Bored of Banter? When Banter Turns to Bullying

Banter can be harmless fun but it's also become an excuse for bullying or saying offensive things. Where's the line between banter and bullying?

Iluustration of teen boy in the back with a speech bubble saying " only bants mate", teen boy in the foreground holding the corners of his mouth up in a fake smile pose with a speech bubble saying "wow"

Sick of being told you're too sensitive?

“It’s just bants mate. Can’t you take a joke?”

Urg, we’ve all heard that one before. Whether you’ve been on the receiving end of offensive ‘banter’ or you’ve been made to feel uncomfortable by disrespectful comments about other people, it’s important to stand up for yourself and what you believe in. We’re here to help you navigate the murky world of banter.

There’s a fine line between banter and bullying  

Banter can be harmless. Perhaps a mate makes a light-hearted joke about how long it takes you to get ready for a night out or you mock-argue about who supports the best football team. This form of banter is often affectionate and a sign that someone feels comfortable around you.

But if banter is relentless, one-sided, particularly personal or outright nasty, that’s when it turns to bullying. Those people dishing out the banter will often defend their comments by telling you you’re being sensitive. But if something makes you feel uncomfortable, respect that feeling by doing something about it. Here are things you can do as an alternative to awkwardly laughing off nasty comments:  

  • If the banterer in question is your mate, try talking to them. Tell them straight up you don’t find the comments they’re making funny and you wish they’d stop. If they respond by saying you’re sensitive or even worse by telling you to “man up”, try something like “if you’re my mate, you’ll respect the way I feel and you’ll stop.”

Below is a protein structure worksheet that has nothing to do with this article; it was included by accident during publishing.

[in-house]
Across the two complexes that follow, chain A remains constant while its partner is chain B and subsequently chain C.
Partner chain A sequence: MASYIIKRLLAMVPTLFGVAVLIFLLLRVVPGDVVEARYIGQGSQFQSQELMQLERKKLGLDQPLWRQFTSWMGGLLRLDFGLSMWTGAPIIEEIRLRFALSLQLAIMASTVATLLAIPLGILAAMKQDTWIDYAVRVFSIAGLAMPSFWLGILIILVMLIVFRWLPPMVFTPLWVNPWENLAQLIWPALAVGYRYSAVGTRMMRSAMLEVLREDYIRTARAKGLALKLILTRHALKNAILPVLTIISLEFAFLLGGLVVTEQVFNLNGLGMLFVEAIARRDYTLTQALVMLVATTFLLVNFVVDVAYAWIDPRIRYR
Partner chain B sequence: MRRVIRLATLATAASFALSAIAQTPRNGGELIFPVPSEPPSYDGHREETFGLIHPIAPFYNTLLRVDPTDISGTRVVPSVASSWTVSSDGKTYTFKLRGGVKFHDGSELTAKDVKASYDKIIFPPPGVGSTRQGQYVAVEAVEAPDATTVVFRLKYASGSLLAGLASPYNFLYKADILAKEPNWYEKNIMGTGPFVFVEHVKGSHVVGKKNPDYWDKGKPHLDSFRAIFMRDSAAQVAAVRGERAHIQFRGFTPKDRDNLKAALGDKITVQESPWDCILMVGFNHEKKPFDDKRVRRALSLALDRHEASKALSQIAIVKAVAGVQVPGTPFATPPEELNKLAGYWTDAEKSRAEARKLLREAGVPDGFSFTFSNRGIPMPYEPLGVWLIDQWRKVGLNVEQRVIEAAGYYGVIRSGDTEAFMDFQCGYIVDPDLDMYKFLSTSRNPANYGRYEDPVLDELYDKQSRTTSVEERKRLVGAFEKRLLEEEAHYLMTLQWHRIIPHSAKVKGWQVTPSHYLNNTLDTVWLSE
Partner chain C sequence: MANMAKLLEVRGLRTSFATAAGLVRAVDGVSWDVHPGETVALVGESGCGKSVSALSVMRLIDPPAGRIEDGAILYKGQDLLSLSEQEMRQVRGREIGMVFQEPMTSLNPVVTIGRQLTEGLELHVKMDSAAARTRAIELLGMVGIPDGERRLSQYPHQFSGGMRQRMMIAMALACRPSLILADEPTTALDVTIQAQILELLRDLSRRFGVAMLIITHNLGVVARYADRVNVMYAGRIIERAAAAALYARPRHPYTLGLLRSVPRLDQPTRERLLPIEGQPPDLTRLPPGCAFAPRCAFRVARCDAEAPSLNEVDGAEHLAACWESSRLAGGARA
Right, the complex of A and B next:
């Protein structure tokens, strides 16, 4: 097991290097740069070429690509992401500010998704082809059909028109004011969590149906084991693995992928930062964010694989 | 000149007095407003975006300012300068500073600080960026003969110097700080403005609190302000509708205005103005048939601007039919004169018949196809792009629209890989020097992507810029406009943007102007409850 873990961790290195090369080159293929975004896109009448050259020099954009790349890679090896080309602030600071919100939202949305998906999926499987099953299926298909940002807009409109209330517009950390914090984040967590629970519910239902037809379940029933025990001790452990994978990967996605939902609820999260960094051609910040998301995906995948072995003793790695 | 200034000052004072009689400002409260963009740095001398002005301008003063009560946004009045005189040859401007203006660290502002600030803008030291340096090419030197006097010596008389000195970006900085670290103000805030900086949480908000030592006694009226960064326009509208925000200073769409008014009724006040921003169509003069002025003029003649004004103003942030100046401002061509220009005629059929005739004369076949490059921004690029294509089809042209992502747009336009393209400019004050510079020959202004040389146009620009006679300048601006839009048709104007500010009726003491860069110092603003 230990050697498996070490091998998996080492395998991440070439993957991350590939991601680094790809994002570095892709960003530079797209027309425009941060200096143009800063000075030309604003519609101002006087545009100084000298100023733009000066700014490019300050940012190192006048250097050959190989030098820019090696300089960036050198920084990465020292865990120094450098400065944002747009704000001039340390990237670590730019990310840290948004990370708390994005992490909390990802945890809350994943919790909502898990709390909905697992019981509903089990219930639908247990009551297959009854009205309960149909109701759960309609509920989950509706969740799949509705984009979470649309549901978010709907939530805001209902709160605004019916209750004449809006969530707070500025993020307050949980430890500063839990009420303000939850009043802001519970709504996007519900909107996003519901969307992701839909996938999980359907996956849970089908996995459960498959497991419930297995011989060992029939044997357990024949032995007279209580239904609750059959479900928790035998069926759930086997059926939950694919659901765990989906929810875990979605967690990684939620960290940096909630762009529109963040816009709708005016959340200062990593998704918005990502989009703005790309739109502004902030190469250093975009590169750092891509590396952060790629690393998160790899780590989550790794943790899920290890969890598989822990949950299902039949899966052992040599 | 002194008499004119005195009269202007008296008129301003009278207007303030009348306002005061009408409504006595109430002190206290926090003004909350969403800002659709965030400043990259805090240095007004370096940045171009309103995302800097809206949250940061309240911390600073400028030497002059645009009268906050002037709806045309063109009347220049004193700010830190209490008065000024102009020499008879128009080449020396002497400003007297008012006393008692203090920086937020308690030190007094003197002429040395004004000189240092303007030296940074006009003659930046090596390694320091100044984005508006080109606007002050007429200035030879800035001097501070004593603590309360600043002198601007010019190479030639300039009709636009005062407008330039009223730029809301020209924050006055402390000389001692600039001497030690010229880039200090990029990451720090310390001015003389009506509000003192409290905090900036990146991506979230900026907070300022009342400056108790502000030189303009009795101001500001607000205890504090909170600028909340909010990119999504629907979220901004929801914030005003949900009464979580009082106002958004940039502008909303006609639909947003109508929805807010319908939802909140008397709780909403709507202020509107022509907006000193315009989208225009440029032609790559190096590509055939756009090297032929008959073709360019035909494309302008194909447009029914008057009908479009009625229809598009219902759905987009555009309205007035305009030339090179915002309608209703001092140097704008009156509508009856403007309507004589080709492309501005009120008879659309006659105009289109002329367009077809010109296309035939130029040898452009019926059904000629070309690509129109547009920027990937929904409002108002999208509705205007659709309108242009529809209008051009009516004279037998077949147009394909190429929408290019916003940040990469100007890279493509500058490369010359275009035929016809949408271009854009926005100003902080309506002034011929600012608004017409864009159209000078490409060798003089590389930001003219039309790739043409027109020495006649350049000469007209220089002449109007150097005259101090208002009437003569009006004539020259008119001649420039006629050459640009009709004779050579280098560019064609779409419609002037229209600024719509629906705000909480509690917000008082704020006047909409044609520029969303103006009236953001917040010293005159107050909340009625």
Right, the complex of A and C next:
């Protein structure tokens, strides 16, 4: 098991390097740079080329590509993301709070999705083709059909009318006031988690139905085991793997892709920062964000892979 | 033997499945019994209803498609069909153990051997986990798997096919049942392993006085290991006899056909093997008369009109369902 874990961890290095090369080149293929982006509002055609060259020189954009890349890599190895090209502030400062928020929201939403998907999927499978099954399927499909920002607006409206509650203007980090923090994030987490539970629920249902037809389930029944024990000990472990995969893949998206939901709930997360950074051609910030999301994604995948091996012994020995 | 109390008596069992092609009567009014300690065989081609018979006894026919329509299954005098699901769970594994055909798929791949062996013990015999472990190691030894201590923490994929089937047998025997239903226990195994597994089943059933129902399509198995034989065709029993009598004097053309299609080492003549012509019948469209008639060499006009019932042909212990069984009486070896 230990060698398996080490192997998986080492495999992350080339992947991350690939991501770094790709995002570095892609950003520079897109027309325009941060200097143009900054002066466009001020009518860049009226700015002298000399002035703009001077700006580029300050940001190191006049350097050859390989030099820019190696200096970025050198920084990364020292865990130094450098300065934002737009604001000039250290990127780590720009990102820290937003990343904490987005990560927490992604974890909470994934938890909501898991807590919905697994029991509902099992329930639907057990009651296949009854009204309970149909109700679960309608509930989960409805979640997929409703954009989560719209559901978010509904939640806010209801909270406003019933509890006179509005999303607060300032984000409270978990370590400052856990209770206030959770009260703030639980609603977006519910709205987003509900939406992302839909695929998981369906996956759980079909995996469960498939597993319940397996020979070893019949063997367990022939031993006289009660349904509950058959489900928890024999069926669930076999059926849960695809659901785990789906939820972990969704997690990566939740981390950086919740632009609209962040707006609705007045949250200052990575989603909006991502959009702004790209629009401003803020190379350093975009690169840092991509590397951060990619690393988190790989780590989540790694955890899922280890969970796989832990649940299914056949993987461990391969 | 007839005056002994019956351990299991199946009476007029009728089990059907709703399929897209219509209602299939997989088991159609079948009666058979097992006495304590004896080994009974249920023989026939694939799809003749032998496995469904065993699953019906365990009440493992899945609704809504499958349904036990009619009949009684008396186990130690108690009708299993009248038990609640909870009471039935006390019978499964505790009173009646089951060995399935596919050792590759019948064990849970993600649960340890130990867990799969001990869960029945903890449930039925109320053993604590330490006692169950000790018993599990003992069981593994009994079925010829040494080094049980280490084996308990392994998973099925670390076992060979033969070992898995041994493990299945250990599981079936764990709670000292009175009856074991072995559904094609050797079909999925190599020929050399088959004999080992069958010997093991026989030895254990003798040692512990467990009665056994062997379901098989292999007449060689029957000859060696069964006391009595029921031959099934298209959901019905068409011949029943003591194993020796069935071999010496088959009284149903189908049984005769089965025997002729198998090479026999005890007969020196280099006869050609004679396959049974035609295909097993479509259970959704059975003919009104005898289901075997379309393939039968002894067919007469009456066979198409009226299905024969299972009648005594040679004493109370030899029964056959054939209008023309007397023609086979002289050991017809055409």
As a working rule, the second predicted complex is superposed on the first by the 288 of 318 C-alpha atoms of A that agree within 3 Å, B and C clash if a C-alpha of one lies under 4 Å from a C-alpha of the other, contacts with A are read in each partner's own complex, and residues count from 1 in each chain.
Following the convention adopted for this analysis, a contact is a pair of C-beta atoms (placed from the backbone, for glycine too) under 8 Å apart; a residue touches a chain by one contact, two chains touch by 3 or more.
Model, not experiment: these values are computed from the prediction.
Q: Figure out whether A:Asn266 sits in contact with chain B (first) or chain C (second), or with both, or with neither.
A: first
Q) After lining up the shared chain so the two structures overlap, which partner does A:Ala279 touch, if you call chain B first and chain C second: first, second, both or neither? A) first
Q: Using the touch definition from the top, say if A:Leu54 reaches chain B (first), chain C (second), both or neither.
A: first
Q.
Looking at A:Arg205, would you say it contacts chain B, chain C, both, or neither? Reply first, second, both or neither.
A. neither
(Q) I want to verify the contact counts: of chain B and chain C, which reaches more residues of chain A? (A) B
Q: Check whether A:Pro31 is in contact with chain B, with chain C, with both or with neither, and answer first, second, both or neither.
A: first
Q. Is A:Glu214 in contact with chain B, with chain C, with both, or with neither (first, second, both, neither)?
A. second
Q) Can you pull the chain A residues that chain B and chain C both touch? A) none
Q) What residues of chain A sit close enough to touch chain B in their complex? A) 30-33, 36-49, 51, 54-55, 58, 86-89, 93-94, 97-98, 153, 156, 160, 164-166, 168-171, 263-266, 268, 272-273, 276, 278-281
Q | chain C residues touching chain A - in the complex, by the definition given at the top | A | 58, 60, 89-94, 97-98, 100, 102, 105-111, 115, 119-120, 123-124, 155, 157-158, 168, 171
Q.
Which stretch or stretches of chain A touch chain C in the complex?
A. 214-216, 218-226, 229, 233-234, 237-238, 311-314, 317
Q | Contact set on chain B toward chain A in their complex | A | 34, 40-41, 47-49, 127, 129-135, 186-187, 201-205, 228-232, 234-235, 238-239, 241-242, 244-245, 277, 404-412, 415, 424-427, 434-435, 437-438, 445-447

• Don’t keep it to yourself. By doing so, your banter bully is getting away with harassment. If you’re at school, try telling a teacher or someone else in a position of authority. If you’re at work, try telling your boss or HR.
  • If the unwanted banter is taking place online, keep a record of what is being said, take screenshots and save nasty messages. This can be used to prove that banter is more than just a joke.
  • If the banter relates to the colour of your skin, your religion or your sexual orientation this could be considered a hate crime by law. Read our article on how to deal with hate crime.
  • Work on your self-esteem and don’t let bad banter grind you down. You don’t deserve to feel uncomfortable or hurt by these comments.

Dodgy online banter

The other kind of banter you may have come across – usually on private messaging platforms like WhatsApp – is the sharing of intentionally offensive ‘banter’ like violent videos, racist comments, jokes about rape and other such dodgy content. Because these groups aren’t IRL, they become a safe space for people to say what they like with the intention of shocking.

Dodgy chat groups are often defended as being ‘harmless banter’ but in reality they’re cruel and they perpetuate phobic attitudes. If you’re thinking about sharing offensive content online or you’re in a group where other people are doing it, consider this…

  • Don’t feel the pressure to join in just because your mates do it. It’s far stronger (and cooler) to stand up for your values. People will respect you for doing this (even if your mates don’t initially.)
  • Before making a sexist, racist or ableist joke, imagine sending or saying these things to your mum, a person of colour or someone with a disability. How does that make you feel?
  • Know the consequences of the comments you’re making. It’s becoming more common for hateful chat groups to be exposed and as a result, people have lost their jobs, been expelled from university and gotten into sticky situations with the law.
  • If you’re offended by something you’ve seen online, report it to the social platform you’ve seen it on and read our article on how to stay safe online.

 

Next Steps

  • Being Mankind is a project creating conversations about the unique issues that men and boys face in the 21st Century.
  • BullyingUK offers advice and support to victims of bullying. Call on 0808 800 2222.
  • Do you want to understand your relationship better? Love Smart helps you work it all out.
  • Chat about this subject on our Discussion Boards.
  • Need help but confused where to go locally? Download our StepFinder iPhone app to find local support services quickly.

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Updated on 26-Feb-2019

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